China lodges complaint as US Senate panel advances Taiwan Bill

China lodges complaint as US Senate panel advances Taiwan Bill

BEIJING: China said on Thursday (Sep 15) that it had lodged “solemn representations” with the United States, after a US Senate panel advanced legislation that would enhance US military support for Taiwan.

If the Bill continues to go forward, it would affect US-China relations, Mao Ning, a foreign ministry spokesperson, said at a regular media briefing.

Mao also described the new US legislation as sending “a serious false signal to the separatist forces of Taiwan independence”.

“China is firmly opposed to this and has made solemn representations to the US side that there is only one China in the world, that Taiwan is an inseparable part of China’s territory, and that China will unswervingly promote the complete reunification of the country”, the spokesperson said.

The Senate Foreign Relations Committee backed the Taiwan Policy Act of 2022 by 17-5, despite concerns about the Bill in US President Joe Biden’s administration and anger about the measure from Beijing.

The US United States has for decades sold weapons to Taiwan but the new legislation will go further by providing US security assistance to the tune of US$4.5 billion over four years.

It also lays out sanctions on China should it use force to try to seize the island.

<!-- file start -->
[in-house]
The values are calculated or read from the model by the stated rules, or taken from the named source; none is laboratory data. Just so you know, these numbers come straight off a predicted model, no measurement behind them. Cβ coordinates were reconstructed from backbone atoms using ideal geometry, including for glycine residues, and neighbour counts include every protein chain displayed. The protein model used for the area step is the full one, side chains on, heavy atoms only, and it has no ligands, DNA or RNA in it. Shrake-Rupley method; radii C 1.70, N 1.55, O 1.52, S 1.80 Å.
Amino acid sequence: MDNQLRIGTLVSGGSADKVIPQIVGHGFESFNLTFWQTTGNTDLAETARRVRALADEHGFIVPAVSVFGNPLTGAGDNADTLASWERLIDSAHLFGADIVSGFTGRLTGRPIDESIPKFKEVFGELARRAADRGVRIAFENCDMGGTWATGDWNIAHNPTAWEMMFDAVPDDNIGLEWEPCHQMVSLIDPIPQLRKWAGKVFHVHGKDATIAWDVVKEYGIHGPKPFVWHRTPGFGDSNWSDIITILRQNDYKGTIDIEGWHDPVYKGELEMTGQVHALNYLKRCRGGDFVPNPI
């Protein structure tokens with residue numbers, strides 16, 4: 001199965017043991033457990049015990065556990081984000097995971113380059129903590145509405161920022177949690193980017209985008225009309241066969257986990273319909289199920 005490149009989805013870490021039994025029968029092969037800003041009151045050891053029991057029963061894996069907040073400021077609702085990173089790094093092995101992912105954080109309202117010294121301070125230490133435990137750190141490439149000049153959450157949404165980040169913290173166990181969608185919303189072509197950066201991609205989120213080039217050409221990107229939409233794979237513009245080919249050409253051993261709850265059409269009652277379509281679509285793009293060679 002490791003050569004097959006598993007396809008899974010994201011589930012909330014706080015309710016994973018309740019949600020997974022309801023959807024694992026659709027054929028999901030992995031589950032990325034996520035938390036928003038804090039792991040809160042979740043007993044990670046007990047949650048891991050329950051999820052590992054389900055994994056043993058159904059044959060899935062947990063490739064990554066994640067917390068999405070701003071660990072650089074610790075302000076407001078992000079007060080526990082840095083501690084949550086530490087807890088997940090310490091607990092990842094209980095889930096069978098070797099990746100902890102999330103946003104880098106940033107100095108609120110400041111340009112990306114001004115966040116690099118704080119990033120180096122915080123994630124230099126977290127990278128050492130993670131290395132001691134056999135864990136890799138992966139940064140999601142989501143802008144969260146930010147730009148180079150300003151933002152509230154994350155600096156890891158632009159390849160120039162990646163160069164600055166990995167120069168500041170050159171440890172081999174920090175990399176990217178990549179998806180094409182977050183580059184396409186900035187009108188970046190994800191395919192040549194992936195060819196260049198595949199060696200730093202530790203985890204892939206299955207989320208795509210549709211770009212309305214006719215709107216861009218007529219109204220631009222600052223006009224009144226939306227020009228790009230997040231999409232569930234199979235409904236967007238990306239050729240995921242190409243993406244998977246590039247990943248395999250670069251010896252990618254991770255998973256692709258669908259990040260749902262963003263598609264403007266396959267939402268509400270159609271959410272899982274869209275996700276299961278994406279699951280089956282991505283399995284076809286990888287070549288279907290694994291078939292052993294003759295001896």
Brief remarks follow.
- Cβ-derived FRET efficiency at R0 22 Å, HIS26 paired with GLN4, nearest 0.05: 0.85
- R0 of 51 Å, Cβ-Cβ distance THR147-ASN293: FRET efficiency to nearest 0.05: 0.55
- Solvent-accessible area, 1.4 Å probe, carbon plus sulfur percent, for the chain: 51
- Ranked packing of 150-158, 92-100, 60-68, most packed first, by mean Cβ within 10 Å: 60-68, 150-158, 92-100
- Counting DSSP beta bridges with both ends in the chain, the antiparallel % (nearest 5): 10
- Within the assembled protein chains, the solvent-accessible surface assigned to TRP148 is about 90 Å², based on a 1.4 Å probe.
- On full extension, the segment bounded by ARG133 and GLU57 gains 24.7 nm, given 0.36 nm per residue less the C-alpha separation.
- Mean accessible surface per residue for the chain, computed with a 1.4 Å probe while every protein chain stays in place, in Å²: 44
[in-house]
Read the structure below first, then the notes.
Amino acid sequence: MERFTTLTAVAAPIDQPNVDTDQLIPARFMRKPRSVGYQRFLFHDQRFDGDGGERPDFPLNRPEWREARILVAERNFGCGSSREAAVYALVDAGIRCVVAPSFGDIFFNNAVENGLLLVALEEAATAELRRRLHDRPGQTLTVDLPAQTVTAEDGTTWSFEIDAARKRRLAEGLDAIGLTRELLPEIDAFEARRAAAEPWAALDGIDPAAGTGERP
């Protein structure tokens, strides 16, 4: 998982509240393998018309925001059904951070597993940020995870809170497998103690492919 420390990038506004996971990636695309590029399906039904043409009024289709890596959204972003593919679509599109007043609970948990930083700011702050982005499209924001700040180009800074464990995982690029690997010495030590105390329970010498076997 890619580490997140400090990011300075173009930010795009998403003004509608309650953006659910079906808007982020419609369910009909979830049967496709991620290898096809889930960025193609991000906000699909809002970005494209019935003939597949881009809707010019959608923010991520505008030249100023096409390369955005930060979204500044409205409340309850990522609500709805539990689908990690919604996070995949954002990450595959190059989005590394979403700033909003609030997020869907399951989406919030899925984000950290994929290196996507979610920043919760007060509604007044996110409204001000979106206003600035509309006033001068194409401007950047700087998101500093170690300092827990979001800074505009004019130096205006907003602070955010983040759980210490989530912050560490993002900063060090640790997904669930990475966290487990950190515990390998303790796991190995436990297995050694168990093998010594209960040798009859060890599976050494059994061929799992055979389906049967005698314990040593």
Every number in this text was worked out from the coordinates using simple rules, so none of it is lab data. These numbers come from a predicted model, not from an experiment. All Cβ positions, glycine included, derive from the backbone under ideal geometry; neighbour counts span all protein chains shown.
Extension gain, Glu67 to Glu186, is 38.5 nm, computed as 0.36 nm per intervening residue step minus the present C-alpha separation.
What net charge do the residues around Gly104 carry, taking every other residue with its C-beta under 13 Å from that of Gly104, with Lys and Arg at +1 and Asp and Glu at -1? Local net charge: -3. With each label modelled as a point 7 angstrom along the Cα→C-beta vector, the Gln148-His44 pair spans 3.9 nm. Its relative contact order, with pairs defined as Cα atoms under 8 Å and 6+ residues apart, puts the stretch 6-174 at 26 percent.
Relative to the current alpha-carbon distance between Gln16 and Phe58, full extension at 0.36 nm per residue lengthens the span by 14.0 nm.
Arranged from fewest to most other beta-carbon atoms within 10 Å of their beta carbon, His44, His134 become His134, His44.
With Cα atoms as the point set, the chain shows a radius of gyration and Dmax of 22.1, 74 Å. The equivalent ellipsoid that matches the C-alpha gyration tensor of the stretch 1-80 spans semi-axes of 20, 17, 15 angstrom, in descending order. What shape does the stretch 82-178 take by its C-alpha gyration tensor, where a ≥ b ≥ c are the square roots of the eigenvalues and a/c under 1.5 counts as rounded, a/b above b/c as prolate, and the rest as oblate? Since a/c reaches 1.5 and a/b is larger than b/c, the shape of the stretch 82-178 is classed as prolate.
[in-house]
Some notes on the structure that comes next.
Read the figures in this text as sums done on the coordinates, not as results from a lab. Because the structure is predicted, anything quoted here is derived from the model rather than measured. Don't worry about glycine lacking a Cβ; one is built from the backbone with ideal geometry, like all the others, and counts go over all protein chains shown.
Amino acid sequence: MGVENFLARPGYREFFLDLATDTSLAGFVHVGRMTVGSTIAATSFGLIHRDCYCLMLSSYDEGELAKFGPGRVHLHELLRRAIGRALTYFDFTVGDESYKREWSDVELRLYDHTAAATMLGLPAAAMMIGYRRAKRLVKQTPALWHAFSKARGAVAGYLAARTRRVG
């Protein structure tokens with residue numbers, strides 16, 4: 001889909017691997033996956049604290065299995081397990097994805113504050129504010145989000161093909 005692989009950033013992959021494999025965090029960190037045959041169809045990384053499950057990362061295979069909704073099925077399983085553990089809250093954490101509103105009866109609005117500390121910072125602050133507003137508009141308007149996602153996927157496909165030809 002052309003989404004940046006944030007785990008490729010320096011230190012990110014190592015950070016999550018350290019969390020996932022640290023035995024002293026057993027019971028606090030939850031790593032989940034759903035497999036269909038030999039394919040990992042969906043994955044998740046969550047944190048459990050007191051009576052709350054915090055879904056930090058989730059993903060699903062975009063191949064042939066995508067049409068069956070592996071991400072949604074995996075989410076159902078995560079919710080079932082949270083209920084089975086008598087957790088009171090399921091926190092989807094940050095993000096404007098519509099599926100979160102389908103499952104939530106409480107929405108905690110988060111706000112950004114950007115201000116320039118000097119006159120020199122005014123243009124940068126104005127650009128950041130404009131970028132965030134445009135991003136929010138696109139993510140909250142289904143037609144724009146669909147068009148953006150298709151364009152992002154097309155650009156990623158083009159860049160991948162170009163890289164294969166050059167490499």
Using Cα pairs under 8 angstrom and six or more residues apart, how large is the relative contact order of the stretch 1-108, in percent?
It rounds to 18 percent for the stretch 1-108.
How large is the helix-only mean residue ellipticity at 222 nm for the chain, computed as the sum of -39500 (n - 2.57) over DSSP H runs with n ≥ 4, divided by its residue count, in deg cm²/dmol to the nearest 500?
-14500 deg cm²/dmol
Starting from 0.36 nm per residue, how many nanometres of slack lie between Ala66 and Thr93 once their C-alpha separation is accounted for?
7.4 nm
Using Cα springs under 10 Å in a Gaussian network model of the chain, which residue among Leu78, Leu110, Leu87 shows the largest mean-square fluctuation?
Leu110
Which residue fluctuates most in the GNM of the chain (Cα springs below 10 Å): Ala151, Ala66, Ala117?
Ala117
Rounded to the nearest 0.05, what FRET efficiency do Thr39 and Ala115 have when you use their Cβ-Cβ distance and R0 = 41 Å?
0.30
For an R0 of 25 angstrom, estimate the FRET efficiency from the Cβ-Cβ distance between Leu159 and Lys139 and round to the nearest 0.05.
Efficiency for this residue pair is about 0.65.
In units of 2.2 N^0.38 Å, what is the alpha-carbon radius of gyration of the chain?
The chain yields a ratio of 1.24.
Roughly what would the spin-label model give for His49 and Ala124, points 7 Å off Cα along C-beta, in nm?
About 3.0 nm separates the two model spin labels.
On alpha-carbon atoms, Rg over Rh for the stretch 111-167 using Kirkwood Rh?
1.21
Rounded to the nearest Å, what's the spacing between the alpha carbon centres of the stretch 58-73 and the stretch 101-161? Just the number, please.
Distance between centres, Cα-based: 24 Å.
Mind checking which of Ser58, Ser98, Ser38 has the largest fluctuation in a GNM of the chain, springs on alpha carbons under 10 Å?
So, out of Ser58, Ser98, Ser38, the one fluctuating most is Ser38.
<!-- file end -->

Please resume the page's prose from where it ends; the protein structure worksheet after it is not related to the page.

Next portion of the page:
Under the Act, Washington will still not diplomatically recognise Taiwan.

But the new law would shed many of the runarounds and codewords that have been in place so as not to anger China by implying recognition.

The de facto US embassy – now officially the Taipei Economic and Cultural Representative Office – would be renamed the Taiwan Representative Office and the US government would be instructed to interact with Taiwan as it would with any government.

The top US envoy in Taipei, now called the director of the American Institute in Taiwan, would be renamed the “representative” of the office and need confirmation by the Senate, as would a US ambassador.

The Act would also designate Taiwan a “major non-NATO ally,” a status for the closest US military partners outside of the trans-Atlantic alliance.

And in a reflection of changing dynamics since the landmark 1979 Taiwan Relations Act, the Bill says the United States will provide weapons “conducive to deterring acts of aggression” by China rather than simply “defensive” weapons.

In addition to the US$4.5 billion in funding to Taiwan, the Act would authorise US$2 billion in loan guarantees for Taiwan to buy US weapons.

The Bill comes more than one month after China conducted its largest-ever military exercises around Taiwan in response to an earlier visit to the self-ruled island by US House of Representatives Speaker Nancy Pelosi.

It still must clear the full Senate and House. The White House has not said whether President Joe Biden will sign the Bill, although the strong support it has may mean Congress could override any potential veto.

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